Actually, it's not entirely accurate to say we "like to say" that; I suspect we rather hate to say it. But perhaps that's another day's topic.
Anyway, we had one of those moments today, with the death of the singer and actor Eddie Fisher. Laurence Olivier he wasn't. Neither was he Frank Sinatra. But he was a talented entertainer who lived what at the time was the fast life. In fact, his complicated love life proved more headline producing than his string of pop hits - 17 Number 1 songs between 1950 and 1956, and nearly 50 songs in the Top 40 during that span.
He was married to Debbie Reynolds - they became something of a malt-shop dream couple. They had a couple kids. One of them was Carrie Fisher, the writer and actress (she was Princess Leia in Star Wars). But then he divorced the girl-next-door Reynolds to marry the siren Elizabeth Taylor, whose previous husband, director Mike Todd, had died in a plane crash. Todd and Fisher had been great friends.
That was in 1959, and it was the first memory I have of a celebrity's romantic life making news - at least the kind of news a 9-year-old might care about. This kind of lifestyle seemed so different than anyone else's - or at least anyone else I knew. There was something both pathetic and intriguing about the guy. No one gave him props for leaving his wife and family - in fact he was the target of much derision, even in Los Angeles where this kind of thing happened more often than in other cities. But, hey, on the other hand, he was married to Liz Taylor!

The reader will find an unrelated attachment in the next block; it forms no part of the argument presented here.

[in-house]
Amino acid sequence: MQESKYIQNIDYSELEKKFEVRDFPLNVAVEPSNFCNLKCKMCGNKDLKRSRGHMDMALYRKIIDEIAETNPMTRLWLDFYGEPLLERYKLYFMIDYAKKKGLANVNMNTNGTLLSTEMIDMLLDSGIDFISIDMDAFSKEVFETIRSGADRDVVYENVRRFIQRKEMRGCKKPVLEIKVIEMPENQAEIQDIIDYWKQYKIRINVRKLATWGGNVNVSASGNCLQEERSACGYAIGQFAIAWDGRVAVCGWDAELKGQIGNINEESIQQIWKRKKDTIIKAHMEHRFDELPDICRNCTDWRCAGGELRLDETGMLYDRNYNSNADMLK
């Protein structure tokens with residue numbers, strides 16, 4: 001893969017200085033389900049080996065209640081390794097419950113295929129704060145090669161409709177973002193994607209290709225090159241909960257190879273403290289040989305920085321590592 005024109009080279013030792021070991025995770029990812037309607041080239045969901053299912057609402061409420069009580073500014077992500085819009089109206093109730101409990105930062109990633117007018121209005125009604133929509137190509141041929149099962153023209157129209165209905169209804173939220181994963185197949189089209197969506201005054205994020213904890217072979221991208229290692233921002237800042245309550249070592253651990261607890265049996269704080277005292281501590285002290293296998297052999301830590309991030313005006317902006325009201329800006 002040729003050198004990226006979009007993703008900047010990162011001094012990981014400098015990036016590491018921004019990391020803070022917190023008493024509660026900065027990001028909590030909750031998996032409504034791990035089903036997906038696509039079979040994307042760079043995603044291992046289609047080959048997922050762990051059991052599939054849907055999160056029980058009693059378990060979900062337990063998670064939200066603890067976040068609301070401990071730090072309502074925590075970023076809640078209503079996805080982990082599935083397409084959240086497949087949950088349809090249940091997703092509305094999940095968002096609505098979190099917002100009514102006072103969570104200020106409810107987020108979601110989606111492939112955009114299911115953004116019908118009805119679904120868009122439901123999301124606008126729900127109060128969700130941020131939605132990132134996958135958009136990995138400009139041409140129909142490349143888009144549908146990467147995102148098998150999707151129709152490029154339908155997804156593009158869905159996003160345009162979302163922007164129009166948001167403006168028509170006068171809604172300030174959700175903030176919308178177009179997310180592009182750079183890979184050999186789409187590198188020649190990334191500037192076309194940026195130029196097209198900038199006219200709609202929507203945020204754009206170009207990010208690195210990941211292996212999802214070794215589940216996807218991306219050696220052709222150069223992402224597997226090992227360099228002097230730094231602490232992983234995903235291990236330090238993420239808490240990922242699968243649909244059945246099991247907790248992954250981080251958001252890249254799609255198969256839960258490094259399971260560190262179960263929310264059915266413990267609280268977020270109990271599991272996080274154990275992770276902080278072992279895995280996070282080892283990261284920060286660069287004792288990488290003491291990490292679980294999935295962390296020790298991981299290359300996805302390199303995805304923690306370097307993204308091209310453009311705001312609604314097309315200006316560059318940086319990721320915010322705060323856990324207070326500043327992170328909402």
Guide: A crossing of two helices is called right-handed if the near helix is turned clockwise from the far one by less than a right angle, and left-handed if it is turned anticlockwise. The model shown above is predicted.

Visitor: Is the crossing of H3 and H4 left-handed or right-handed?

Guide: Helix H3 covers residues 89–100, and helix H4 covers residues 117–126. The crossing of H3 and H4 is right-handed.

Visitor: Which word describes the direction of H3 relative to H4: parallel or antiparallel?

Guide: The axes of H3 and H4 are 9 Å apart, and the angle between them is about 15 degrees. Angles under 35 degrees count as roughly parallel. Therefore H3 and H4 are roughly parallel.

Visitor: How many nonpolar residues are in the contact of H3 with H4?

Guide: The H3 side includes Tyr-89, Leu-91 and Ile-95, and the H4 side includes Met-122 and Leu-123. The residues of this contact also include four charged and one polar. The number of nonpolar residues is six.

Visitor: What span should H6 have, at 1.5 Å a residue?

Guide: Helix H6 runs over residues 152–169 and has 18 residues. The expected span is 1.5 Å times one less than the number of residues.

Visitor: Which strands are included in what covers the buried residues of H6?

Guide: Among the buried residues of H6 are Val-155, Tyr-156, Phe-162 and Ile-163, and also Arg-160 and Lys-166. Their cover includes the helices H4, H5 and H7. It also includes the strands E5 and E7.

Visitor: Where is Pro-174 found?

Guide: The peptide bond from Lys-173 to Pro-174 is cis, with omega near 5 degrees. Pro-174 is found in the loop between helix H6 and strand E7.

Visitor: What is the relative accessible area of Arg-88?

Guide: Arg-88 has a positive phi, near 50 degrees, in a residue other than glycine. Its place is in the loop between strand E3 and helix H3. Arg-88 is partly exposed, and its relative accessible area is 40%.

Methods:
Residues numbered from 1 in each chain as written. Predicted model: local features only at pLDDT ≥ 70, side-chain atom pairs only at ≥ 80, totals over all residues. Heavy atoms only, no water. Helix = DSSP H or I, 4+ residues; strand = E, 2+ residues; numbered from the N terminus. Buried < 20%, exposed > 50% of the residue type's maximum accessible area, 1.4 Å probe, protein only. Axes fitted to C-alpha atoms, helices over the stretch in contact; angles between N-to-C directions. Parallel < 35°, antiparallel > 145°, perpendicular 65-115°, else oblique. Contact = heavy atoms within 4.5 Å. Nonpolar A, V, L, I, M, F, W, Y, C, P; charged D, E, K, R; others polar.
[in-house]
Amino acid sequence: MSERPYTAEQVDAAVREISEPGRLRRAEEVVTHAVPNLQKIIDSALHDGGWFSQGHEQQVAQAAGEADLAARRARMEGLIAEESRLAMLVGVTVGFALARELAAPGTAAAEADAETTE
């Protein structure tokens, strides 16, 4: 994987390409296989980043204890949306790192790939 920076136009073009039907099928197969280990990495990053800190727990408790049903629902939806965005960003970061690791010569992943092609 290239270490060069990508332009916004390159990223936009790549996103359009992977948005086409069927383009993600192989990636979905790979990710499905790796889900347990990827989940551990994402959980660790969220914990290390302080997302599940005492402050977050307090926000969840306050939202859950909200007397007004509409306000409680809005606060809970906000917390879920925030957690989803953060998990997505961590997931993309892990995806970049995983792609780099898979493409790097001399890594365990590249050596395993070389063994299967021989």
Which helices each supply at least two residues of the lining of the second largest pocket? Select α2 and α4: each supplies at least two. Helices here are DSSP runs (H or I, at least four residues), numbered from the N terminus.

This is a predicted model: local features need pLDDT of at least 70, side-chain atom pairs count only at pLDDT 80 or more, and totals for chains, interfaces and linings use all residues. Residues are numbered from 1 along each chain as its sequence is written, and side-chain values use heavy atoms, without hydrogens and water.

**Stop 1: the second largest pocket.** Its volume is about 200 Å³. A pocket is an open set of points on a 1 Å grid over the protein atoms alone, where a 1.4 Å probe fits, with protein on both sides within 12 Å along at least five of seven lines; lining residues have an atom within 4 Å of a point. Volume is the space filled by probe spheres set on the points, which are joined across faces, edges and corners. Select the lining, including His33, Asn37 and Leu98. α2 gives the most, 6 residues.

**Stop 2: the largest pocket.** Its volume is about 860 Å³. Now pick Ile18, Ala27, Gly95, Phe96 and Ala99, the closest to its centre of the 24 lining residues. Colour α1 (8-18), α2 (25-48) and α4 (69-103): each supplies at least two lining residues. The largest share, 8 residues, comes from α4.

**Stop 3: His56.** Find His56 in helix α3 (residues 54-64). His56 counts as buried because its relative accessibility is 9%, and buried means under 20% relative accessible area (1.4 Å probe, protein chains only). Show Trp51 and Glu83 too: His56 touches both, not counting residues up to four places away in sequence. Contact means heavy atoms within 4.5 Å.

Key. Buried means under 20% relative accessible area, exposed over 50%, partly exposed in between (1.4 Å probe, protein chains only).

Eddie Fisher got his, though, when his new wife, a few years later, fell in love with Richard Burton. And suddenly, he was alone.
That I remember all this I suspect says something about celebrity news coverage. I mean it resonated. And I couldn't help but compare the coverage of Fisher's scandalous love life back then with the coverage of the scandalous lives of current celebrities.
The troubled actress Lindsay Lohan comes first to mind, because today she was remanded into custody for failing a drug test while she was out on probation. This is her third stint in the slammer in the past three years - and this time she's less likely to be released early because of overcrowding. The last time she served only a couple weeks in rehab - instead of the 90 days of her sentence.
The young woman clearly is an addict - and I have compassion for those with the disease. But I also wonder if all this news coverage isn't in some ways also enabling. She behaves badly, and she gets coverage. I can guarantee she wouldn't get coverage by behaving properly.
I'm just sayin'.
And it's something we discuss, as we put together our newscasts. And it's prelude for our 11 p.m. 'cast, which is to say - for all of you who write in and wonder why we cover this young and troubled character - we'll likely have a story about Lindsay Lohan. There are, the other side argues, lessons for other young people to learn from her bad behavior and her addiction.
Also at 11, our investigative reporter Jim Hoffer tonight takes a look at how easy and relatively inexpensive it is to buy powerful and "extremely dangerous" hand-held lasers. Lasers with a 1,000-watt radiation beam that can hit a target miles away.
We're also following the trail of controversy Iranian President Mahmoud Ahmadinejad is leaving behind in New York. Yesterday his comments about the U.S. being behind the Sept. 11 attacks drew barbed reviews. And today the Iranian leader met with Sarah Shourd, the American "hiker" held for months in Iran but released earlier this month. She apparently pleaded her case that her finance and another friend still in custody be released. We'll see.
And under the heading of "Diversity, NOT!" - consider the Texas Board of Education, controlled by social conservatives, and which today voted to "curtail" references to Islam in their textbooks.
We'll also have any breaking news of the night, plus Lee Goldberg's AccuWeather forecast, and Scott Clark with the night's sports. I hope you can join Liz Cho and me, tonight at 11.